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Construction begins on Vegas Trade Village in North Las Vegas

Updated April 18, 2017 - 10:19 pm

A $100 million live-work space for Asian manufacturers is envisioned for an industrial area of North Las Vegas, but the developers of Vegas Trade Village are starting out small.

Huanghai Development and city officials will hold a ground-breaking ceremony Wednesday for the project’s first phase, which calls for building a 4,800-square-foot bank and a convenience store equipped with a car wash and fast-food eatery at the northeast corner of Cheyenne Avenue and Commerce Street.

Over the next several years, the seven-phase project is expected to grow into an international trade center spanning 35 acres with a 20,000-square-foot convention center, an apartment building with 264 units, four restaurants and a 12-room hotel.

The project, developers said, is aimed at providing a one-stop hub where overseas manufacturers can live, eat and sell their wares to companies across the Las Vegas Valley.

“I think the strength of the world economy is driving this,” project manager Dwaine Anderson said. “It’s the type of place that’s open to the world we live in, so there’s really no limit to what we’ll be selling.”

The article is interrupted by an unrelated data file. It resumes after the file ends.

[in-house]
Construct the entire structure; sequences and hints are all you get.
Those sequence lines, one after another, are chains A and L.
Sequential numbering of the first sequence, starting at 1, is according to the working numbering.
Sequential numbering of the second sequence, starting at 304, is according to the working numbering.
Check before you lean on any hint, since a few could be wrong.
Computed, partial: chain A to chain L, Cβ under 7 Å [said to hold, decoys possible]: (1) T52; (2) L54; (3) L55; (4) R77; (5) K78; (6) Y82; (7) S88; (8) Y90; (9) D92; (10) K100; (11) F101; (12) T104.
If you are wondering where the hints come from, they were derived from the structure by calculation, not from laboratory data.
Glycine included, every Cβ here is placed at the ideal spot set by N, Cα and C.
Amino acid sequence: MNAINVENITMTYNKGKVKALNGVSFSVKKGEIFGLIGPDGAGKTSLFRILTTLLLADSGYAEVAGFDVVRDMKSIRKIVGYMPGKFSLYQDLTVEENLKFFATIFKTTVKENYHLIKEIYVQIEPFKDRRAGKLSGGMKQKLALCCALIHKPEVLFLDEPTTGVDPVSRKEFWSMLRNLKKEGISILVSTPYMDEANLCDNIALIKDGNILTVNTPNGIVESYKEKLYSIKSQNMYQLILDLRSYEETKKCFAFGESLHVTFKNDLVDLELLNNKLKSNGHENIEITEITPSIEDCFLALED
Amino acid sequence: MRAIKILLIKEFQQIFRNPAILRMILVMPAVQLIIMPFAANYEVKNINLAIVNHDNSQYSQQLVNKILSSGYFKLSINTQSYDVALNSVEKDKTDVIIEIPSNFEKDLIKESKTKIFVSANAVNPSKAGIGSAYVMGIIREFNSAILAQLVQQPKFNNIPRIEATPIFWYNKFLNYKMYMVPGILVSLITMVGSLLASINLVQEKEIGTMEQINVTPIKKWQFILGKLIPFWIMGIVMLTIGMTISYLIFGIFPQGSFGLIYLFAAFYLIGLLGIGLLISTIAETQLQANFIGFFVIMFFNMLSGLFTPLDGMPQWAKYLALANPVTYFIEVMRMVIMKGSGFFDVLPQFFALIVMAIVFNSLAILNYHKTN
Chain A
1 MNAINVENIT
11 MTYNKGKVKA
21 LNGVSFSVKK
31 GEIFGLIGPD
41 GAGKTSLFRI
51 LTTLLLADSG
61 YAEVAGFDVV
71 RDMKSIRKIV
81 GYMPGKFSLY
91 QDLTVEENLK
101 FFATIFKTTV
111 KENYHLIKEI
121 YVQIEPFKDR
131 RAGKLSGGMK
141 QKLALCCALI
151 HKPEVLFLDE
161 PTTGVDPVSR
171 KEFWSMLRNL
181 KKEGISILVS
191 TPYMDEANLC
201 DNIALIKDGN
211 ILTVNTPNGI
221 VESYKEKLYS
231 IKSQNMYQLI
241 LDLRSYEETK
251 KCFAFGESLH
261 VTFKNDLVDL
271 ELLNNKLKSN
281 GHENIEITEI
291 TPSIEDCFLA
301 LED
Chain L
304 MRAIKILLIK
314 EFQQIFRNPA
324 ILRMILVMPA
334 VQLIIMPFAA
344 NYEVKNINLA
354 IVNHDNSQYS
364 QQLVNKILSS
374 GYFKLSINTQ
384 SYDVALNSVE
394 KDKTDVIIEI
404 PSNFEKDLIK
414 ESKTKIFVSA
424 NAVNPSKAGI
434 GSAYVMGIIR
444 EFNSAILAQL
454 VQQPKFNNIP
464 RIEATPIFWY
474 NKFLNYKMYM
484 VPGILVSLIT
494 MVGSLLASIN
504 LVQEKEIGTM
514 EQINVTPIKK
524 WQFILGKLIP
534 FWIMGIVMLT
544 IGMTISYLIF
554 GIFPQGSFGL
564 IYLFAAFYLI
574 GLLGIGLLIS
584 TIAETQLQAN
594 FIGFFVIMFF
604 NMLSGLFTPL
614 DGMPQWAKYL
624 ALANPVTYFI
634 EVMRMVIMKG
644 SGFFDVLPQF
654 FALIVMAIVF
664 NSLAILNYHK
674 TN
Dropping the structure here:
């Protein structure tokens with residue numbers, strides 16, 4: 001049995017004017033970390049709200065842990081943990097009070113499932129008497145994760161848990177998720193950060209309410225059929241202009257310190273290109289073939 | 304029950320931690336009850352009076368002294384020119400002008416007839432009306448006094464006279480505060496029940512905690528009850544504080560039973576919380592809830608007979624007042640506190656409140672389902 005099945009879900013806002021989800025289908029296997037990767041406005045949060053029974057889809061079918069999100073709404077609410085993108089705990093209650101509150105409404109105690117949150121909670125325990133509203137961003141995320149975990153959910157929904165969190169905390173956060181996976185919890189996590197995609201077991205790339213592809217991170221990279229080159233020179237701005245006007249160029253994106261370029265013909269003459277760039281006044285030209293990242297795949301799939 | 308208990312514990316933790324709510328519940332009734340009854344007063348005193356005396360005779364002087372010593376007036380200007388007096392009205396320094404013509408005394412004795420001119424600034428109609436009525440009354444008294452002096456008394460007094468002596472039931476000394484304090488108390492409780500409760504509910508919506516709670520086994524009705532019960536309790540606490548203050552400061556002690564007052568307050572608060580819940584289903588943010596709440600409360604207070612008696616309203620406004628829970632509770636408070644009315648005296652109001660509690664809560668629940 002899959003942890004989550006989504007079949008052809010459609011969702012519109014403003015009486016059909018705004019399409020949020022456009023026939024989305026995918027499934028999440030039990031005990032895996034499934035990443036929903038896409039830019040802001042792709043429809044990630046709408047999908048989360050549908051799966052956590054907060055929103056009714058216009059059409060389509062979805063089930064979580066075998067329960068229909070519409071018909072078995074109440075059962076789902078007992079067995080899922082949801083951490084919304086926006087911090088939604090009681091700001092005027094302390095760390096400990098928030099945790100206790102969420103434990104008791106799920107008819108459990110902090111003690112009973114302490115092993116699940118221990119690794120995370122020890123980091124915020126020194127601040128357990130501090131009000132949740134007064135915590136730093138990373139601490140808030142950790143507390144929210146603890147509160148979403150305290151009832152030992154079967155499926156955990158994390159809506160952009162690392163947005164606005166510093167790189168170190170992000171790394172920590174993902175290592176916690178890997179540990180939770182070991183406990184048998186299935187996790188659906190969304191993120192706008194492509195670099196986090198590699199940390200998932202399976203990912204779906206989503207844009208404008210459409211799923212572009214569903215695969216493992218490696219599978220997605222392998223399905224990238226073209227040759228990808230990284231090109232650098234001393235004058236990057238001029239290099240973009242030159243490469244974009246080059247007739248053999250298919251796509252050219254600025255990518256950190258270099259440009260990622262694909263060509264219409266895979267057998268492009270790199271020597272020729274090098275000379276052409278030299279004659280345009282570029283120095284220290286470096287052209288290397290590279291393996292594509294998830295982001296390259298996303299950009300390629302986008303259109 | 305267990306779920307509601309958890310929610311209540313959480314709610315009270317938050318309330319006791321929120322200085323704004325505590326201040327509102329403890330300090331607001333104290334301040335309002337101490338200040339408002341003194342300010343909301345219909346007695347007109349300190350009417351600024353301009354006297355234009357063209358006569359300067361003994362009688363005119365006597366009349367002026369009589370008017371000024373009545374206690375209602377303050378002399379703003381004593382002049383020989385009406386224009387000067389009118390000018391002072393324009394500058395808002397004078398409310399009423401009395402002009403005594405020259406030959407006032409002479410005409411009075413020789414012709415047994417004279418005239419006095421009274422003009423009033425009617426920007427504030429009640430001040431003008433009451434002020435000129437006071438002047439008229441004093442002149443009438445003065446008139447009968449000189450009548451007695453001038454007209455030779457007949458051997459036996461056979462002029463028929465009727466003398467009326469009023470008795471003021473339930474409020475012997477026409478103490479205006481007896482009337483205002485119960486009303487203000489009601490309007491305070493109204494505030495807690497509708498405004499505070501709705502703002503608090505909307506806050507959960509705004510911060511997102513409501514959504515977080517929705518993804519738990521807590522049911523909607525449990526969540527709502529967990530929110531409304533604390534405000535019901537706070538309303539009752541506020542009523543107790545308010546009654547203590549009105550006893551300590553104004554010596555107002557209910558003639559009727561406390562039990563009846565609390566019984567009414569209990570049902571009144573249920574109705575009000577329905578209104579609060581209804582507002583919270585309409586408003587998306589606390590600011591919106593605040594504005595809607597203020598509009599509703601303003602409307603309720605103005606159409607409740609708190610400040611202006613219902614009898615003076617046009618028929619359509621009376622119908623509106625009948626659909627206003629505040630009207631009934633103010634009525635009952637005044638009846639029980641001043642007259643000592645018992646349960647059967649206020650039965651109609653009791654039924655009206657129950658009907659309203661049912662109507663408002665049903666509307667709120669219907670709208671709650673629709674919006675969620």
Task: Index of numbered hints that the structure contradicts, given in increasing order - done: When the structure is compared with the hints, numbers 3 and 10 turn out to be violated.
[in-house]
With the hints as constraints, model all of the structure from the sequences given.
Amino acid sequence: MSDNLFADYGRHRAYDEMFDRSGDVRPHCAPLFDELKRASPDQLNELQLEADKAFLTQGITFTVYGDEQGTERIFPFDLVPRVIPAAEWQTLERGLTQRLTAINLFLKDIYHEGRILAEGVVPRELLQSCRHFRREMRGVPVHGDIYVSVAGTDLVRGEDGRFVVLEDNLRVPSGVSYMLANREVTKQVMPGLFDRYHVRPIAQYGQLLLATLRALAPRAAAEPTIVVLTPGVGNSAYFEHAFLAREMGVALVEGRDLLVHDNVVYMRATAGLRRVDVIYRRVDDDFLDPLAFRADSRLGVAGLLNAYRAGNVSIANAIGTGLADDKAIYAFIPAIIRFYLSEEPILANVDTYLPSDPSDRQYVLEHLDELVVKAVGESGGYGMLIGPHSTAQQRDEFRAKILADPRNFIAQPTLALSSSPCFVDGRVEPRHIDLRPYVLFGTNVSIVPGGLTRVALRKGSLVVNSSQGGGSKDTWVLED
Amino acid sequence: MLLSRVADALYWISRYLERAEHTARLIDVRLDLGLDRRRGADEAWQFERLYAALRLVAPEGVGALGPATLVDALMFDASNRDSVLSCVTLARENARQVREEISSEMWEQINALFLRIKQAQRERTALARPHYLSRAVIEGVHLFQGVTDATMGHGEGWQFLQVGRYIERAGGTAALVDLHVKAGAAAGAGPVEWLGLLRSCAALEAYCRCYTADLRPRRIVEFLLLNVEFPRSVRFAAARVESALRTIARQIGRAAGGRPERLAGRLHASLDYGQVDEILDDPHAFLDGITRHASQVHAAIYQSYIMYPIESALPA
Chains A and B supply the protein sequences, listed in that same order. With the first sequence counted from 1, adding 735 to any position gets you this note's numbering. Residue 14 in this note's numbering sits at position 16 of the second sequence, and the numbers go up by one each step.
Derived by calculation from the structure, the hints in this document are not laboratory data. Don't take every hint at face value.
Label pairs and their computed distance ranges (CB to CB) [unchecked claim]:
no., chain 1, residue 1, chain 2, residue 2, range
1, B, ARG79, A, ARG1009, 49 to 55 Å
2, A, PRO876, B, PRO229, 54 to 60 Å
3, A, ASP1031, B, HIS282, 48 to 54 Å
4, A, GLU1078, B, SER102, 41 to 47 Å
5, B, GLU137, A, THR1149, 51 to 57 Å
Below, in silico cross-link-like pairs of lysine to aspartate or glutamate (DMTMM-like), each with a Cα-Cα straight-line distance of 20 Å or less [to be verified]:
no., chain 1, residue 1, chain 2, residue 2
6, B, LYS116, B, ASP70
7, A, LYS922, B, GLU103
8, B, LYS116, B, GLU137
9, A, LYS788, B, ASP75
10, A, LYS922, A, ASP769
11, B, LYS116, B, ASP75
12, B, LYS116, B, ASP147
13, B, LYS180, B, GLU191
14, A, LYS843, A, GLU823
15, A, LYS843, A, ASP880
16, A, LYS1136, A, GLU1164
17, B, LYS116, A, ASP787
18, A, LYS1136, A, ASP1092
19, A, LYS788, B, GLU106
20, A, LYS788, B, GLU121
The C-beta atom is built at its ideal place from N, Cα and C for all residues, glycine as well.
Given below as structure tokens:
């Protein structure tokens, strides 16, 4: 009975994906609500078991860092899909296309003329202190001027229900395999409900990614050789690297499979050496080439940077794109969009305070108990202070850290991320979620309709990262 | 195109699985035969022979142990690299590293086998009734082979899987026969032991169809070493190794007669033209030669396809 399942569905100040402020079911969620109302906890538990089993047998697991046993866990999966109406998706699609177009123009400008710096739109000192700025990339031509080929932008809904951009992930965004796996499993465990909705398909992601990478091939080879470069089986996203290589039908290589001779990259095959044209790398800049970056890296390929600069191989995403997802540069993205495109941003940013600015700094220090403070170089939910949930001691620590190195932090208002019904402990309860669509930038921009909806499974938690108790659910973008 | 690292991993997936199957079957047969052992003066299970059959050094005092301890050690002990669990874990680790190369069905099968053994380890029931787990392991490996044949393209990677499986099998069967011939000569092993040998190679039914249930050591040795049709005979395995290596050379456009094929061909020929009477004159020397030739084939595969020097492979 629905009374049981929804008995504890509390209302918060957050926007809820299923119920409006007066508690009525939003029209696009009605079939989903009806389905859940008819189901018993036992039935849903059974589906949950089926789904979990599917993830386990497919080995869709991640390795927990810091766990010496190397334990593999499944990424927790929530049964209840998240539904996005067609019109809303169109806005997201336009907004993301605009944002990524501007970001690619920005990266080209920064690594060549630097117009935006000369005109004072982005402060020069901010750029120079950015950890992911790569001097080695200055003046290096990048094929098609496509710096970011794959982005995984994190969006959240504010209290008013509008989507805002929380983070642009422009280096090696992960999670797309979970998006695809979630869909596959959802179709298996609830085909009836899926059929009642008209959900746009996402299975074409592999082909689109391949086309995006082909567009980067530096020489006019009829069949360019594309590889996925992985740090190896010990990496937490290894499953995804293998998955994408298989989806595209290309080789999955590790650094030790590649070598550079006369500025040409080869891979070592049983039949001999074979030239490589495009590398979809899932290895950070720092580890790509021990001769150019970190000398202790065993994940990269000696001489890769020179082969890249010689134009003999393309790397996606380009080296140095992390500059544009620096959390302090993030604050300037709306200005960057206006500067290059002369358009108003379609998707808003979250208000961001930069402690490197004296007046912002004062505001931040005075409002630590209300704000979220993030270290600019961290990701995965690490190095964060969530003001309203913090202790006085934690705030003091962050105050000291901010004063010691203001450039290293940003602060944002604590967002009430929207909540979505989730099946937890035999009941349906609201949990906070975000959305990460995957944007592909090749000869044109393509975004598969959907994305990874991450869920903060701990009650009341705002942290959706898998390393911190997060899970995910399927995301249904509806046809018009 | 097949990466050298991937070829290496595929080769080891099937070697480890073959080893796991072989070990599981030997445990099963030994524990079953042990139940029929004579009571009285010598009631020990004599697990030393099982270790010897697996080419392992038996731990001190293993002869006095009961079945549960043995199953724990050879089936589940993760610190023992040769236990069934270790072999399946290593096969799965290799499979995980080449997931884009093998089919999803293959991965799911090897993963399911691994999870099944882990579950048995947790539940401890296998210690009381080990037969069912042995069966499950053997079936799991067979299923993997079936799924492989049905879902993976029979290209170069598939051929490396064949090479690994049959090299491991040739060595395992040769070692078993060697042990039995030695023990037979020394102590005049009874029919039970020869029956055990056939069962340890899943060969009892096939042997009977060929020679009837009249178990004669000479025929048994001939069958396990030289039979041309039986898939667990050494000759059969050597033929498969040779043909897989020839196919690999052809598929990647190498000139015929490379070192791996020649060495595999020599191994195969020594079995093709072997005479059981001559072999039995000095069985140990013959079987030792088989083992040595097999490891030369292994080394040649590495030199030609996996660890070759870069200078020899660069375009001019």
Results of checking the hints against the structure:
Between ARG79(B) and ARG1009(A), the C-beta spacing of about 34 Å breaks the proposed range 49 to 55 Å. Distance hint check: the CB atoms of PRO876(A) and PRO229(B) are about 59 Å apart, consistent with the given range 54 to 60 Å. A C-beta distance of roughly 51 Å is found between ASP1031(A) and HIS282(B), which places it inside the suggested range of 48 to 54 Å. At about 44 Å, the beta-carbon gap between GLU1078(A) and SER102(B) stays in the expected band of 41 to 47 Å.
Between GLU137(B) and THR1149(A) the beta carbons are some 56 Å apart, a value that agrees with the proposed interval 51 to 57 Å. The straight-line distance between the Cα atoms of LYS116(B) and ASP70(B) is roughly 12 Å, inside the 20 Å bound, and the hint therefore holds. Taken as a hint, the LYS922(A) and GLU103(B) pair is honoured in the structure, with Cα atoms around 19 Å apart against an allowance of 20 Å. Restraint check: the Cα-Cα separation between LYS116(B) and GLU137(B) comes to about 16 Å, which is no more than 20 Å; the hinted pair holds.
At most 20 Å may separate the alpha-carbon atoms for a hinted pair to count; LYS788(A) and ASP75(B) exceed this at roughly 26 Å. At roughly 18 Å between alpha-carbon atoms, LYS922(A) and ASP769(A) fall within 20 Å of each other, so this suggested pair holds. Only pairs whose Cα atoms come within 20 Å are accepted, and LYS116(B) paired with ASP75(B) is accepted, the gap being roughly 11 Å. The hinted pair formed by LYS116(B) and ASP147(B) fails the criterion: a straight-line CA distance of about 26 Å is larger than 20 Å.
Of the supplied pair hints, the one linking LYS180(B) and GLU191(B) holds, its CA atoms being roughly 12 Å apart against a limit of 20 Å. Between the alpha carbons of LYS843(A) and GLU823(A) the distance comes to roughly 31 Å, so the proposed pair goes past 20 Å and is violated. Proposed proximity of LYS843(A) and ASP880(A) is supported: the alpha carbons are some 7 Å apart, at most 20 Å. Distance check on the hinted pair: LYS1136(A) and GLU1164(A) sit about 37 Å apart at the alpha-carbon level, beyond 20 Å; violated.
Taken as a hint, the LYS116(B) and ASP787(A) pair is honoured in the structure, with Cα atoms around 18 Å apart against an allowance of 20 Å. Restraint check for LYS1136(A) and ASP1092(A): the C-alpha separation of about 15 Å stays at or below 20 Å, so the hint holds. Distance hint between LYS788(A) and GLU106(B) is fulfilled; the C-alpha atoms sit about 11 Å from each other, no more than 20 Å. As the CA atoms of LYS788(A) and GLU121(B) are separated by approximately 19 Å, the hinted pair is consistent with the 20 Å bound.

Huanghai first presented its plans for Vegas Trade Village in 2015, largely basing the concept on the company’s 75-acre Imperial Valley Trade Center in California. The North Las Vegas City Council approved the development a short time later, when it was previously known as the Huanghai Project.

In March, the City Council approved several small adjustments that allowed developers to move ahead.

Anderson said it could take up to seven years before the North Las Vegas project is completed, but Councilwoman Pamela Goynes-Brown said she thinks it might take longer.

“When the project was first presented to me, I liked it from the outset because the concept is so different, so I’m overjoyed to see it start,” said Goynes-Brown, whose Ward 2 includes Vegas Trade Village.

“It’s definitely a project that lets us think outside of the box that will benefit everybody, not just the Asian market,” Goynes-Brown said. “Unless we take risks like this, we won’t know if we can be successful or not.”

Contact Art Marroquin at amarroquin@reviewjournal.com or 702-383-0336. Find @AMarroquin_LV on Twitter.

 

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